Concerns about the use of vaginal mesh, including the use of Avaulta mesh, were recently raised when a doctor, Anne Weber, wrote to the American Journal of Obstetrics & Gynecology (11/29/10) with her criticisms of the mesh.
Weber writes, "Sufficient data do not yet exist regarding the use of vaginal mesh in procedures for pelvic organ prolapse. In the absence of these data, obtaining truly informed consent itself is impossible. Therefore, the use of vaginal mesh for prolapse should be treated as experimental, and patients should provide consent on that basis."
By classifying the use of vaginal mesh as experimental, Weber is essentially arguing that there is not enough published medical evidence regarding the risks, benefits and safety of vaginal mesh to consider its use "established medical practice." She goes on to argue that although surgeons and some patients may be aware of the general risks associated with mesh placement, it is not yet known what the true consequences of complications associated with vaginal mesh are, making it impossible to balance the risks against the benefits.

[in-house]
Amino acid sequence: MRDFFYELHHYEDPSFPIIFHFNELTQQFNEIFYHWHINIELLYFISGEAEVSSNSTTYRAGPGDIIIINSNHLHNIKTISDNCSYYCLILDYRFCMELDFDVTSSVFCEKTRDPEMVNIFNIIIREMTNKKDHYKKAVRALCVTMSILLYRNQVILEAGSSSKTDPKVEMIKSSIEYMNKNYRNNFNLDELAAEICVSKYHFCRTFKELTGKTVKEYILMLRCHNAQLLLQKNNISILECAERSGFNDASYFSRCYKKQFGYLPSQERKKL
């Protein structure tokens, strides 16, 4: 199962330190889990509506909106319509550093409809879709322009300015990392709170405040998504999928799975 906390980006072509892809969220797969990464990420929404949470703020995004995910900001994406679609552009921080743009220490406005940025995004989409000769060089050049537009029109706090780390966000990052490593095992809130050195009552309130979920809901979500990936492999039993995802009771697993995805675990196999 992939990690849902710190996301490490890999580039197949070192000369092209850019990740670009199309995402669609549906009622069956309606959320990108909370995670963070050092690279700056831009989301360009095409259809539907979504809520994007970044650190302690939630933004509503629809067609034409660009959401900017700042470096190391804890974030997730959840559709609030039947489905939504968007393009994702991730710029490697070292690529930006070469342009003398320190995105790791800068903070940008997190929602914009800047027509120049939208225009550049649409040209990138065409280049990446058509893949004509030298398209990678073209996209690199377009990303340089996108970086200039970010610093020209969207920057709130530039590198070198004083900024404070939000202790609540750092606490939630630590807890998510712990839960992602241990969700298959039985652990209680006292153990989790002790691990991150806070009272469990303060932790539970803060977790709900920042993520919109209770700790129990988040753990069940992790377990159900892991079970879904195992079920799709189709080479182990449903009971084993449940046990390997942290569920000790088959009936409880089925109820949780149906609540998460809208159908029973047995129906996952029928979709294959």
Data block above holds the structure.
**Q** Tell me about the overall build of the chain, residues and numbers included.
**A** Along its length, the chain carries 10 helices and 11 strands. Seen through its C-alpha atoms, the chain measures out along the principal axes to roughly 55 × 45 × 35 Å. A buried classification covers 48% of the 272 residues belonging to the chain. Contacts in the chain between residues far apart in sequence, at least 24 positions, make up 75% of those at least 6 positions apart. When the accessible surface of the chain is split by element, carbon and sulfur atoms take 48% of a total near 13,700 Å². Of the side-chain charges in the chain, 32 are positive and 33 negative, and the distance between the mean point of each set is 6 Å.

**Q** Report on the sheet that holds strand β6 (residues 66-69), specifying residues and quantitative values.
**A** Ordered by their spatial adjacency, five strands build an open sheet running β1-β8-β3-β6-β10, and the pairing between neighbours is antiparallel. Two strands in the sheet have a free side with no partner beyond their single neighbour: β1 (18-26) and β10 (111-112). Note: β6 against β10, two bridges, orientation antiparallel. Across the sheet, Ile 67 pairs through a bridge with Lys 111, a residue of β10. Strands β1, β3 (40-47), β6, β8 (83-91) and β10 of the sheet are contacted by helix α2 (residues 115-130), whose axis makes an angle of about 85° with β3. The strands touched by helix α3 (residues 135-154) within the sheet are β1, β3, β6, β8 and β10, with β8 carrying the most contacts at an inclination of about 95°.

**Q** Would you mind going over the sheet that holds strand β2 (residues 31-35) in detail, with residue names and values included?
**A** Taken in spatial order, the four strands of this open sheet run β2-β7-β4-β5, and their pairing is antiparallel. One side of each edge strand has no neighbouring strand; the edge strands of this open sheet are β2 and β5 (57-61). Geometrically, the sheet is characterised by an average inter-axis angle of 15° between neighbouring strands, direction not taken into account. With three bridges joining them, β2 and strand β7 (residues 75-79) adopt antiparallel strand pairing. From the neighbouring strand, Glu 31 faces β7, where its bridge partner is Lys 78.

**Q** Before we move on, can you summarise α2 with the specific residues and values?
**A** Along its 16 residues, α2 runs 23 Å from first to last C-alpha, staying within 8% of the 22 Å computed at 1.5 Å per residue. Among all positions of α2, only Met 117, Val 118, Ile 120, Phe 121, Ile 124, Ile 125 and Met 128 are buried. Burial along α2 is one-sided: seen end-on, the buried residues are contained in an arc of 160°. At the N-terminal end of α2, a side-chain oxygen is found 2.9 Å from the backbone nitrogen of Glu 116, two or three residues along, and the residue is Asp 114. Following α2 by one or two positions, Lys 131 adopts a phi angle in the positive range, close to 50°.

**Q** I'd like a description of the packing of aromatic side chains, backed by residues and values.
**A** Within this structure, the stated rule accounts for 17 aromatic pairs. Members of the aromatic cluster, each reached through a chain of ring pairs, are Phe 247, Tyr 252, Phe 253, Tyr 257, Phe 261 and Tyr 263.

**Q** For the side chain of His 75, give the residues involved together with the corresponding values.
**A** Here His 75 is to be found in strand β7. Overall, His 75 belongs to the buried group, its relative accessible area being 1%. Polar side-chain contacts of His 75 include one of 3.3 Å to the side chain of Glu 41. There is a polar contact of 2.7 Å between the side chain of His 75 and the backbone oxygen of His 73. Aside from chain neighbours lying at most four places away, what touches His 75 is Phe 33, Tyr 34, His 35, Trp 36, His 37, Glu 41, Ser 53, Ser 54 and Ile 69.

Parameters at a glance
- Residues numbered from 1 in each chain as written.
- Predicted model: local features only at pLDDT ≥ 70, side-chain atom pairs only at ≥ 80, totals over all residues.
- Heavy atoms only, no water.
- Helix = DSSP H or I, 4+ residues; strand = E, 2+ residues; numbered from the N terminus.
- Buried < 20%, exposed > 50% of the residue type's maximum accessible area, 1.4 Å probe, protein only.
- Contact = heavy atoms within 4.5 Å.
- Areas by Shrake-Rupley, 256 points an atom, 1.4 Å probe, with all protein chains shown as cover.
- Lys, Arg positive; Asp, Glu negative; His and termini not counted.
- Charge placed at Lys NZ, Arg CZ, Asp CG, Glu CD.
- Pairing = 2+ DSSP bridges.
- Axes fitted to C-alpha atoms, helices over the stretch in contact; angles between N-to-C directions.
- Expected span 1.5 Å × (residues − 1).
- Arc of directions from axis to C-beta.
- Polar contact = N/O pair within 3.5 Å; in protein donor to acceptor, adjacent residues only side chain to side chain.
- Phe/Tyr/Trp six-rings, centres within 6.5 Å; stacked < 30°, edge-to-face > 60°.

"In conclusion, obtaining informed consent from patients for vaginal mesh placement during prolapse surgery cannot be achieved in light of the current dearth of data regarding risks and benefits," Weber writes.
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As a result of these complications, lawsuits have been filed against the makers of various vaginal mesh products, alleging patients were not adequately warned about the risks associated with the use of those products.